WASHINGTON – For the first five months of 2011, US broiler meat production was 15.5 billion lbs., up 4.8 percent from the same period in 2010. The increase in 2011 is the result of a greater number of birds being slaughtered and higher average weights at slaughter, according to the July 18 Livestock, Dairy and Poultry Outlook from the US Department of Agriculture’s Economic Research Service.

Due to increased broiler meat production in May and the continuing higher average bird weights, the production estimate for second-quarter 2011 was raised to 9.4 billion lbs., 75 million lbs. higher than the previous estimate. However, starting in late May and continuing through the most recent data, the number of eggs placed in incubators and the number of chicks placed for growout has turned sharply lower than the previous year. Based on this trend, broiler meat production in third-quarter 2011 is expected to be below that of the previous year.

The declining year-over-year production is expected to continue in fourth-quarter 2011, and the fourth-quarter production estimate was lowered to 9.3 billion lbs., down 75 million lbs. from the earlier estimate. Production for all of 2011 is estimated at 38.4 billion lbs., unchanged from last month’s estimate.

Relatively higher grain prices and the sluggish economy are expected to influence broiler production through 2012. As a result, production in 2012 was reduced by 230 million lbs. to 37.8 billion lbs., up only 1.1 percent from the 2011 total.

Broiler meat production totaled 3.2 billion lbs., 7.1 percent higher than the previous year, in May 2010. The increase in meat production was due to a higher number of birds slaughtered in May, up 5.0 percent from the previous year, and higher average weights at slaughter. The average liveweight at slaughter in May was 5.81 lbs., 1.8 percent higher than the previous year.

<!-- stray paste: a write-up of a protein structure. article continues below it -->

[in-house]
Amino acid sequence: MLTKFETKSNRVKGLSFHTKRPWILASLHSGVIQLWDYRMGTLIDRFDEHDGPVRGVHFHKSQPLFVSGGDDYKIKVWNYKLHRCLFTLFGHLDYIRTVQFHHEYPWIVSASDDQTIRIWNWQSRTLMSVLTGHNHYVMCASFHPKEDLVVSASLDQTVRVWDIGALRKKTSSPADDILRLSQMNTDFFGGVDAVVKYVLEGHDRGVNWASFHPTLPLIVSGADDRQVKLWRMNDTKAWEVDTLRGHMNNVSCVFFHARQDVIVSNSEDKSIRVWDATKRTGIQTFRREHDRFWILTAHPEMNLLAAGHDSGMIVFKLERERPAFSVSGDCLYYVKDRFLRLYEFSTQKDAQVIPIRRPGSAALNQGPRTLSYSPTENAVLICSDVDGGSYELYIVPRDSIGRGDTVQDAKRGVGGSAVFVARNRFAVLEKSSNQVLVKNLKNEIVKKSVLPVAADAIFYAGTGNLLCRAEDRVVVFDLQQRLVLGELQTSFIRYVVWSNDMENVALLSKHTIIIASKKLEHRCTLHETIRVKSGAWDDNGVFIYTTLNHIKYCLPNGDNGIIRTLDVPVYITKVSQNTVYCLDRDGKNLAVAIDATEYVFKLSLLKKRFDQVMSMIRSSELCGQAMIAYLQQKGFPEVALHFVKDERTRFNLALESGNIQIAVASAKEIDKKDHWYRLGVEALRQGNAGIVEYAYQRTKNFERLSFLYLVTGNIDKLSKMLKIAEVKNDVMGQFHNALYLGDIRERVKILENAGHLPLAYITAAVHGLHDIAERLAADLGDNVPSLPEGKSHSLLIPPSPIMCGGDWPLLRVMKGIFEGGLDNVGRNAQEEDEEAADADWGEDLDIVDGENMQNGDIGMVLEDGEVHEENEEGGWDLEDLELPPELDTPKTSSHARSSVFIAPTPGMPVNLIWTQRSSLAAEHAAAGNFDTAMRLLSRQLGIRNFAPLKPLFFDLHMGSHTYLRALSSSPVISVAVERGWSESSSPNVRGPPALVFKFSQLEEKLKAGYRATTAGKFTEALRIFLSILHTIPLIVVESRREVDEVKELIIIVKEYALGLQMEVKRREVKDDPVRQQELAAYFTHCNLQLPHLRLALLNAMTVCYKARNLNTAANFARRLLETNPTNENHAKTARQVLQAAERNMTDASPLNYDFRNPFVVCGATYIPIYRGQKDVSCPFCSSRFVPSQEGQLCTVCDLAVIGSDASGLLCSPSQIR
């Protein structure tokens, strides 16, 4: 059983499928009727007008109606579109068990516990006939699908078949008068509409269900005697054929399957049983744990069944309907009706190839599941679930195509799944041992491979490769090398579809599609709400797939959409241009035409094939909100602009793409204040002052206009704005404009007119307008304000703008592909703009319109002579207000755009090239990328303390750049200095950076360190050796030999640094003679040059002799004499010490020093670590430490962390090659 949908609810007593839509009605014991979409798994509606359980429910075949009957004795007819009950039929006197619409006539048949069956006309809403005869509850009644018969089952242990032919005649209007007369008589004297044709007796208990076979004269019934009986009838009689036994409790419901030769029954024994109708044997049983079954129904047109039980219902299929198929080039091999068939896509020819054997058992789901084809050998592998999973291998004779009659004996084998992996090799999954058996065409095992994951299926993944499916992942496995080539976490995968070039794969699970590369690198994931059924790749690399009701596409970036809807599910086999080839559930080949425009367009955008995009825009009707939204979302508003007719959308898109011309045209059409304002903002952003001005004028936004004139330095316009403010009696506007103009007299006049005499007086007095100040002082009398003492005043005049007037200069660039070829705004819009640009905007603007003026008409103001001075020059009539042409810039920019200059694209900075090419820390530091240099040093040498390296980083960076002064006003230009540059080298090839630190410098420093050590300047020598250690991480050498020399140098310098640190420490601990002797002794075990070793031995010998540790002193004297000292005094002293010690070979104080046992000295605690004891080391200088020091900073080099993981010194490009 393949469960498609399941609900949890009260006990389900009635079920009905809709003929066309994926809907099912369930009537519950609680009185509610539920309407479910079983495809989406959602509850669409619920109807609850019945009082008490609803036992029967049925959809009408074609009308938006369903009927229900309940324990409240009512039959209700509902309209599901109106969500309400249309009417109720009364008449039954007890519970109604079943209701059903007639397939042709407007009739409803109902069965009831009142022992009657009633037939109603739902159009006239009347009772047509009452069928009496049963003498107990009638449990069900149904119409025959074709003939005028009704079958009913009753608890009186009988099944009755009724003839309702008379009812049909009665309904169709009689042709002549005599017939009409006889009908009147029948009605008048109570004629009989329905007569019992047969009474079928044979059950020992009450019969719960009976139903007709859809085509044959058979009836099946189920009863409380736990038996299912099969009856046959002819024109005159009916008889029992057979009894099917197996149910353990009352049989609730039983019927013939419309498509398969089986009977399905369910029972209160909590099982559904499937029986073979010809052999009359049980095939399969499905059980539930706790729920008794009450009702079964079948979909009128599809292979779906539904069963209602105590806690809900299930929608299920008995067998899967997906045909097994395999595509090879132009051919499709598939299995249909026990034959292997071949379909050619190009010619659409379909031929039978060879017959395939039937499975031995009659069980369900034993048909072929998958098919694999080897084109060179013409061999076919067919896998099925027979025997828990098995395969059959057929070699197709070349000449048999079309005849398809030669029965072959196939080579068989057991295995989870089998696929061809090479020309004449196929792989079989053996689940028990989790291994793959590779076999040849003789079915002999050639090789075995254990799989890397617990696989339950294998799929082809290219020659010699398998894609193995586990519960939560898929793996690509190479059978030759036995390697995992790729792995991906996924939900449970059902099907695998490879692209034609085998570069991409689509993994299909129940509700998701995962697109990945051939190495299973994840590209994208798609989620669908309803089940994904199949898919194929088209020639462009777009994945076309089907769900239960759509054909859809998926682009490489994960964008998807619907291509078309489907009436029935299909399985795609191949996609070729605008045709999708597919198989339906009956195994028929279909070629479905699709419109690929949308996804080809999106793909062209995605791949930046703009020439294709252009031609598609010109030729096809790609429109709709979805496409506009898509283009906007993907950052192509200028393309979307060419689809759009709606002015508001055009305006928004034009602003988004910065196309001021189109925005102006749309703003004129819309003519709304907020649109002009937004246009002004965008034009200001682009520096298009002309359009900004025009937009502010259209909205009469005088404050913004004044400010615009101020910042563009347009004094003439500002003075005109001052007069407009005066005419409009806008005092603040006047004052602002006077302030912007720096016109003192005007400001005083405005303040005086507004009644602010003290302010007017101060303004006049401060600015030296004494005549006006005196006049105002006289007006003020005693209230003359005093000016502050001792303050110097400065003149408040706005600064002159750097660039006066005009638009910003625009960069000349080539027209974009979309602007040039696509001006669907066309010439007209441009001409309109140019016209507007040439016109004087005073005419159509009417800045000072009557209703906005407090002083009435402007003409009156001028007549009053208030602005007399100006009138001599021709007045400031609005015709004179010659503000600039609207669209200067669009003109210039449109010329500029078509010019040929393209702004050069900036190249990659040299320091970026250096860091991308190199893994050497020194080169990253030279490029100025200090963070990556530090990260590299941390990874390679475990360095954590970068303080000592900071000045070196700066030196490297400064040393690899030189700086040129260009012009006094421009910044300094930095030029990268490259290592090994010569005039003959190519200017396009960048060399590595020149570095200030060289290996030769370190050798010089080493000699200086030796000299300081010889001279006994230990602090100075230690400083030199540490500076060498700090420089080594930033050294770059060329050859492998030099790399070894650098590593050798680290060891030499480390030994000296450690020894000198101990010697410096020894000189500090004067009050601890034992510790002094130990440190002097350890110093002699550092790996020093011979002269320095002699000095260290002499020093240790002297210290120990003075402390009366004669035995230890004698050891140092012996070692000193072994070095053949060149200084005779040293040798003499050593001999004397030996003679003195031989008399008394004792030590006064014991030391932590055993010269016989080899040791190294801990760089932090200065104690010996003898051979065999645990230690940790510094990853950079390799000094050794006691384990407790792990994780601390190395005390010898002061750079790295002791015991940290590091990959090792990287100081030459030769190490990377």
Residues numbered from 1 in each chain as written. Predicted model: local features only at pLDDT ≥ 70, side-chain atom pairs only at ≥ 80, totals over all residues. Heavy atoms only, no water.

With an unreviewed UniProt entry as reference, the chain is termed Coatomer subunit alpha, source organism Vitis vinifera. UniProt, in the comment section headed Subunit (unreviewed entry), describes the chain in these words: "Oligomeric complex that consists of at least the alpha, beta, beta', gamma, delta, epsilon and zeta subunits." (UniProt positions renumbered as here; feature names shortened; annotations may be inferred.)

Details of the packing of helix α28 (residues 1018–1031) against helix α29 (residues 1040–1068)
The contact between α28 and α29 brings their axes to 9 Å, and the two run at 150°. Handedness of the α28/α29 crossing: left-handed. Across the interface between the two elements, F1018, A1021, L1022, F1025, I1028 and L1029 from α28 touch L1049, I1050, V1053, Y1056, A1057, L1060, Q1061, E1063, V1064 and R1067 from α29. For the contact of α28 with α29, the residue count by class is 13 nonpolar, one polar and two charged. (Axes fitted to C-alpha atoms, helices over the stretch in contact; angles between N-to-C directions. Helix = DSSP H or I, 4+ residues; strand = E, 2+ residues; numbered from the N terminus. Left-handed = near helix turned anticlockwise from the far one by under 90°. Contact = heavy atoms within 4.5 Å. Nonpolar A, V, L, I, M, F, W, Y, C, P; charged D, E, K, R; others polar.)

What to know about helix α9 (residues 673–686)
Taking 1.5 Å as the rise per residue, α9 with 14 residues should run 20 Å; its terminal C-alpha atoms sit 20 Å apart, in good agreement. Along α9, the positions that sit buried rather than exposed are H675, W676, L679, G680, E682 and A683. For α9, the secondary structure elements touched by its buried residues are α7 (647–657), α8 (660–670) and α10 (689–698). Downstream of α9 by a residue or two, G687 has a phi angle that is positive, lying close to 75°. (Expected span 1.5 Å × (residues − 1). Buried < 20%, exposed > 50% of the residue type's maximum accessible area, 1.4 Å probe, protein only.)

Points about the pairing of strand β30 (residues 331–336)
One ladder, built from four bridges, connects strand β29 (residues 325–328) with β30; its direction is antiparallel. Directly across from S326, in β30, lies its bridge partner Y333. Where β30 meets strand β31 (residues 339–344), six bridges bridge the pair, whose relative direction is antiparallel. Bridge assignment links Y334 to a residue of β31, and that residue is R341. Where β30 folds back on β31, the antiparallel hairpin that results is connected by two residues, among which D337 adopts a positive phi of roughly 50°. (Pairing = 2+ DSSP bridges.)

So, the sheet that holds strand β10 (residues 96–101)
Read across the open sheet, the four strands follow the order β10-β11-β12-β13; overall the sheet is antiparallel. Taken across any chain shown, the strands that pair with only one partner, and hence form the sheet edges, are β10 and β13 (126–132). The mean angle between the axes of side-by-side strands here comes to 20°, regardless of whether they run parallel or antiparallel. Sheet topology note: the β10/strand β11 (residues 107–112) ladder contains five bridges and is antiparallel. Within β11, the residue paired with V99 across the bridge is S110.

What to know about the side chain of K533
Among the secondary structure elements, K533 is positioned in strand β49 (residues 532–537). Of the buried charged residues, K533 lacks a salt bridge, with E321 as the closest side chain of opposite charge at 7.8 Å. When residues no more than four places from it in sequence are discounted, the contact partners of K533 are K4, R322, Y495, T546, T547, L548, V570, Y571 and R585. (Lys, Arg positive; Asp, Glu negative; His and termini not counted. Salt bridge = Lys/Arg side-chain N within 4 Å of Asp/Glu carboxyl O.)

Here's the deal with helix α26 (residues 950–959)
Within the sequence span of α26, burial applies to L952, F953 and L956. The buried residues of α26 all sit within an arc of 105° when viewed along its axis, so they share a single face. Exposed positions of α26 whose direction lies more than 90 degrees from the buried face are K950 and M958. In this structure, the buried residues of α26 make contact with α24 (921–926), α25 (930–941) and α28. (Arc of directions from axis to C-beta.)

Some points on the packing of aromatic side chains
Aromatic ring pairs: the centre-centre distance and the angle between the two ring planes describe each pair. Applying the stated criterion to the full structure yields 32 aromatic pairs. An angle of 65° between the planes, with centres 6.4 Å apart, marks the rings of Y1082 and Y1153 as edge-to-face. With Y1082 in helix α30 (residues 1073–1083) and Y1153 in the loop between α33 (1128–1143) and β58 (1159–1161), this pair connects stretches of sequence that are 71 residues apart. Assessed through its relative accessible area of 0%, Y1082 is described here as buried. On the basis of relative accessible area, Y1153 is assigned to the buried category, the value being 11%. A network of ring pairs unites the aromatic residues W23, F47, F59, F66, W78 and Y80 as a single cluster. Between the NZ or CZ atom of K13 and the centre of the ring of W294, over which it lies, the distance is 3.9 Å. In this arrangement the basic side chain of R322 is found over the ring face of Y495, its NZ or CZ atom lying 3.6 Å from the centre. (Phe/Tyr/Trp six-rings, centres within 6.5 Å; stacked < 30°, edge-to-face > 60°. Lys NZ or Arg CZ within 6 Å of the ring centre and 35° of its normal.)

Broiler meat production is expected to be up 2.2 percent in second-quarter 2011 compared with the previous year, with almost all of the growth coming from higher production of large birds. This production increase has generally had a depressing effect on wholesale prices.

Demand has been weak for boneless/skinless breast meat, with prices in the Northeast market averaging $1.25 per lb. in June, down 18 percent from the previous year.

At the end of May, broiler stocks totaled 719 million lbs., up 8.3 percent from one year earlier.

Totaling 157 million lbs., stocks of breast meat were up 36 percent from the previous year. During the first five months of 2011, stocks of breast meat increased by 21 million lbs., and this increase has been reflected in the falling wholesale price over the last several months.

At the end of May 2011, wing stocks totaled 66 million lbs., 72 percent higher than the previous year. However, since the beginning of 2011, wing stocks have declined by 1.9 million lbs., and wholesale prices for wings have generally been strengthening in the last month or two. Wing prices were around $0.88 per pound in June, down 24 percent from the previous year, but up 8 cents from the previous month.